An auditory response is brain wave activity that allows the brain to discern sounds that travel from the ear through the auditory nerve to the brain. Physicians typically use an auditory brainstem response test to evaluate auditory response and a child’s level of hearing loss. The test measures brain activity after sounds are played into a patient’s ear. This test often identifies hearing loss that is caused by an ineffective auditory response. People with hearing problems may have sensorineural or conductive hearing loss.
The auditory brainstem response test identifies sensorineural hearing loss in many instances. People with sensorineural hearing loss may have problems with the auditory nerve or the cochlea in the inner ear. The cochlea has tiny specialized hairs that transmit sound through the inner ear. Sensorineural hearing loss can be related to problems with the cochlear hairs. This type of hearing loss may be present at birth and is permanent in many cases.
A patient who takes the auditory response brainstem test has several electrical leads attached to his head. The leads are connected to a computer that measures brain wave activity, and an earphone is usually worn on each ear during this test. Patients are normally asleep during this test, and they may receive a sedative. Doctors measure brain waves when soft sounds are piped into each of the earphones. Physicians may recommend dietary restrictions for children who are about to undergo this test.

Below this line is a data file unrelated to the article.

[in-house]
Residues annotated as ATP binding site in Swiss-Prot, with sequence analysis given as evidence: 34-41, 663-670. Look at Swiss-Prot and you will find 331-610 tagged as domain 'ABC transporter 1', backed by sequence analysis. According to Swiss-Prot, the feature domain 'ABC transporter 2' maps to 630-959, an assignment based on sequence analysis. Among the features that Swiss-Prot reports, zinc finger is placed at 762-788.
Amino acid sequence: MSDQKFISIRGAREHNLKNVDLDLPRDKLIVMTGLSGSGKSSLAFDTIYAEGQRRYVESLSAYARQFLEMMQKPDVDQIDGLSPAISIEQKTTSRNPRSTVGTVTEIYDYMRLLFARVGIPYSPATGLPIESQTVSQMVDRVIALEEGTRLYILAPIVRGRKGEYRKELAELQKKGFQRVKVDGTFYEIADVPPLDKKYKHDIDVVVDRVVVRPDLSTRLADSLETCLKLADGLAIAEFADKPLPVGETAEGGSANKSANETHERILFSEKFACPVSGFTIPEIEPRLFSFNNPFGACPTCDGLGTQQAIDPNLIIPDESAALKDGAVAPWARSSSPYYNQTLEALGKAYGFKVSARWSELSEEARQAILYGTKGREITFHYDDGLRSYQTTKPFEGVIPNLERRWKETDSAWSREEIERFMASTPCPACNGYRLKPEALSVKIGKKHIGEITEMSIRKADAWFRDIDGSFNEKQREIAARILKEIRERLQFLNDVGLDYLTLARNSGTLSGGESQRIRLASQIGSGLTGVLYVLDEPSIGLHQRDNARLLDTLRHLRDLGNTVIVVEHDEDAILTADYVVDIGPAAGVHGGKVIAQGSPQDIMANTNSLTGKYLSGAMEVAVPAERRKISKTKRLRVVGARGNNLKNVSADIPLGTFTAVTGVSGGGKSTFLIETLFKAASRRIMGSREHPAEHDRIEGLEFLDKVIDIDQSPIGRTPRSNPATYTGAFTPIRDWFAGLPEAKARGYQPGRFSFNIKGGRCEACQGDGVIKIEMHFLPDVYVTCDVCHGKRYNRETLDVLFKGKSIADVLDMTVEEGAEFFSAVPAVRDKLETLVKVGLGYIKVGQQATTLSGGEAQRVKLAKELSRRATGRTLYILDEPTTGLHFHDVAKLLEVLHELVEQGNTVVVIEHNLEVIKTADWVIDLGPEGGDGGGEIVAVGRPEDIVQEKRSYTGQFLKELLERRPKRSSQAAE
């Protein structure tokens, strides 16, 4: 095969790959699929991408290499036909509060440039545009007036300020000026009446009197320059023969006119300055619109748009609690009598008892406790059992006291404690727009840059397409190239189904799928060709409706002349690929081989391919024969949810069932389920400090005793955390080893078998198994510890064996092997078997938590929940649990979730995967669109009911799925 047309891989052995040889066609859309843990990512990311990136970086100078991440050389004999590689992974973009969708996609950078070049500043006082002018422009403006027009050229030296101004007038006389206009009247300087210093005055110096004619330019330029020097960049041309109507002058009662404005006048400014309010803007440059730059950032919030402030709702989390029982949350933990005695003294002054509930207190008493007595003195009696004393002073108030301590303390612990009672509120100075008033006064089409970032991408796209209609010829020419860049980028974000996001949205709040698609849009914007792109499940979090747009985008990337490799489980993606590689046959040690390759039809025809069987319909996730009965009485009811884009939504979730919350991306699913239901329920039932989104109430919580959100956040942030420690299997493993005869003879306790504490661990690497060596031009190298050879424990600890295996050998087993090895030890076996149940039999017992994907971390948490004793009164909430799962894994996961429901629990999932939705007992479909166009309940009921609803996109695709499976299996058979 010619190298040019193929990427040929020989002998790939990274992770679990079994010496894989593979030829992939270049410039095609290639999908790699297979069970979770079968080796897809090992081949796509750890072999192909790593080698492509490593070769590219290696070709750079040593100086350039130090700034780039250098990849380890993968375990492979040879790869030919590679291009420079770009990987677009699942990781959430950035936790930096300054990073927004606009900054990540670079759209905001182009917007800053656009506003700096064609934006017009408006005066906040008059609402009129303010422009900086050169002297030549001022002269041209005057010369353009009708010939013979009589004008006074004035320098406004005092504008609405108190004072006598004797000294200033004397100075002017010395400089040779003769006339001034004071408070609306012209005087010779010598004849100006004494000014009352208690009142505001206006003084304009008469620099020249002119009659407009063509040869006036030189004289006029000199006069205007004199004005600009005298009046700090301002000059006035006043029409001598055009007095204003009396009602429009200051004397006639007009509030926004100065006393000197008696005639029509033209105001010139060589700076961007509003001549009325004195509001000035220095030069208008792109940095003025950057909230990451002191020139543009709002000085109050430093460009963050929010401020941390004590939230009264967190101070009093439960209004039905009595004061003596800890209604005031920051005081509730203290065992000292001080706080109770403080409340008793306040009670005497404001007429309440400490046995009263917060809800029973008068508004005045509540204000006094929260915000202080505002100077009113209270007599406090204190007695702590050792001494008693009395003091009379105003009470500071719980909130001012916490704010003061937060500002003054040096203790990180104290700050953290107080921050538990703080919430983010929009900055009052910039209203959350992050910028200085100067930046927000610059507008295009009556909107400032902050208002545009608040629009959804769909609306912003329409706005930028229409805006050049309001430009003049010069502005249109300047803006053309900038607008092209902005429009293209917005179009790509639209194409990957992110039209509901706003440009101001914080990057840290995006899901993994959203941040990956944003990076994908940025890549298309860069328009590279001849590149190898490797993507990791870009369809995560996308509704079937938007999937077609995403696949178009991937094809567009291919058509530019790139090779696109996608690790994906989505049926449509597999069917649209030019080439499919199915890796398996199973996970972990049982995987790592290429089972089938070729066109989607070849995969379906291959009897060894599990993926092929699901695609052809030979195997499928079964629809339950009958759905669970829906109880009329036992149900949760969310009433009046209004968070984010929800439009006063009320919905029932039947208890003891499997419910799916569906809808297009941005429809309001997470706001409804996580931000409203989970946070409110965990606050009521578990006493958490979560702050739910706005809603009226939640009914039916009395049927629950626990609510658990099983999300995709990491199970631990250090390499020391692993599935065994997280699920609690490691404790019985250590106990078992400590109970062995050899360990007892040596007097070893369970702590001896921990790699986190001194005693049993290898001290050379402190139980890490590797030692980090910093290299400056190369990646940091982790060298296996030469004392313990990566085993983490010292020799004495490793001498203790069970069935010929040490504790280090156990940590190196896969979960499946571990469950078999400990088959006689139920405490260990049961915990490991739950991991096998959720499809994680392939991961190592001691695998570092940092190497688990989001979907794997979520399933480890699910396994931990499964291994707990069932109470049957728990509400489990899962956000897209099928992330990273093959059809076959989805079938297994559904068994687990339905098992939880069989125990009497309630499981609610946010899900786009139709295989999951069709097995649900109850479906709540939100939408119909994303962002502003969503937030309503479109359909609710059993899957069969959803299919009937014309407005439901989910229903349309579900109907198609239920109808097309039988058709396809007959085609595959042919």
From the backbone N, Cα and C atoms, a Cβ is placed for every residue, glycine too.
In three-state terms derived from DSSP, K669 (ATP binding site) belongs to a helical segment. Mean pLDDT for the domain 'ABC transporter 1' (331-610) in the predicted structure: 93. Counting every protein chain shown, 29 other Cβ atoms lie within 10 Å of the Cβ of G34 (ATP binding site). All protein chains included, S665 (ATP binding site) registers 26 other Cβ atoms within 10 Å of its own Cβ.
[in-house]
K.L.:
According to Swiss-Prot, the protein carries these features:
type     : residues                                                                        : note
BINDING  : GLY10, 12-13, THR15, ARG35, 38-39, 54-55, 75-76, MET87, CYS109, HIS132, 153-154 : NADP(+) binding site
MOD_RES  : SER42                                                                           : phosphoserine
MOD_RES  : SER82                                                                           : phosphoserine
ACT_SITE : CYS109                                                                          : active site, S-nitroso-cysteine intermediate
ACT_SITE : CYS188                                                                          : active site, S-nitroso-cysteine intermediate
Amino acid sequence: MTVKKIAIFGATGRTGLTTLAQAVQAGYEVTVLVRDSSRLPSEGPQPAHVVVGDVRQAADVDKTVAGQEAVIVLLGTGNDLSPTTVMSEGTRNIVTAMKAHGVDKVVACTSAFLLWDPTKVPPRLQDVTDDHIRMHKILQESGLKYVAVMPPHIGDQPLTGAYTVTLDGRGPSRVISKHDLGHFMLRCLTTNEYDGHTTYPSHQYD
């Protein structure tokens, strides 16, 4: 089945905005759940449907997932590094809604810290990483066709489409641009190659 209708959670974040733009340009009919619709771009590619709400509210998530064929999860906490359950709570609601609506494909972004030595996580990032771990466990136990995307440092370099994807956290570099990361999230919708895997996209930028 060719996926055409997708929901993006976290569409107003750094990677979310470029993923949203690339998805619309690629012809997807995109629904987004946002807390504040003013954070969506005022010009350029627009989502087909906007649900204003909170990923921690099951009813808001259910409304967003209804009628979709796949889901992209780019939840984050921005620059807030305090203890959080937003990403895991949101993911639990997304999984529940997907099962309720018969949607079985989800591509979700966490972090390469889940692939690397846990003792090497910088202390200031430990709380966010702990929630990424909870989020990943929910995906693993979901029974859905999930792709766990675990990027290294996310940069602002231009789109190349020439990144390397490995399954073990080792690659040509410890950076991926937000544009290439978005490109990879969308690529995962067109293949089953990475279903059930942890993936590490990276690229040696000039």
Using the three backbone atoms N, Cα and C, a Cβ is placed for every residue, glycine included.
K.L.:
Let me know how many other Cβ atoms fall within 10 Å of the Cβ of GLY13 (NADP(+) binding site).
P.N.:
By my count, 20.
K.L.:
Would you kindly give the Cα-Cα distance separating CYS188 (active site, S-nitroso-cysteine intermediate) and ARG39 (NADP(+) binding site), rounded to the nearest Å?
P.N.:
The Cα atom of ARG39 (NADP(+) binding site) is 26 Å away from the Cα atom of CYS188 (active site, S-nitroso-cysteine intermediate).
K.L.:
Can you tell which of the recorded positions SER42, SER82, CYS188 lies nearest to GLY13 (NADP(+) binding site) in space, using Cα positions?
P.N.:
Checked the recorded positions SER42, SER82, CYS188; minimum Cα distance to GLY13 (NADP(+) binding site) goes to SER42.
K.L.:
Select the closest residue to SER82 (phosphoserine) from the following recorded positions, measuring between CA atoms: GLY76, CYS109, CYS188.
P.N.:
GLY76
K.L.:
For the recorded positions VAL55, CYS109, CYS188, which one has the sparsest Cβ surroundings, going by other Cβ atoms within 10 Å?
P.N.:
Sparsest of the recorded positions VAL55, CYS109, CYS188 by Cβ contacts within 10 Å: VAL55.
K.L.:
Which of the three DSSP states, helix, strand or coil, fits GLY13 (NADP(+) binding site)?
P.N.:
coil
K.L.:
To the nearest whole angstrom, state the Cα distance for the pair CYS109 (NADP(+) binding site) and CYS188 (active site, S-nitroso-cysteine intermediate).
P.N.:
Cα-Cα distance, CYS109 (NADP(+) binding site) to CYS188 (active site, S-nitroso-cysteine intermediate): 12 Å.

People may experience conductive hearing loss that is not related to an auditory response in the brain. Conductive hearing loss is generally caused by a disruption in sound transmission between the outer ear and the middle ear. Three tiny bones normally transmit sounds inside the ear, and these bones may not conduct sound signals properly in patients with conductive hearing loss. In some cases, improper vibrating of the eardrum or fluid inside the middle ear can also cause this type of hearing loss. Many people with partial hearing loss may experience improved hearing with a hearing aid or a cochlear implant from a medical doctor.
Ear infections are a common cause of conductive hearing loss in children. Children with ear infections typically have fluid inside one or both ears. Parents usually consult a doctor to determine the cause of hearing loss and the reason for fluid accumulation in a child’s ear. Other people may develop temporary hearing loss due to a build up of wax inside the ears. Ear syringes that are sold over the counter in many drugstores are generally used with warm water to gently flush wax out of the ears. Impacted earwax may often be removed with a wax softener or with the help of a doctor.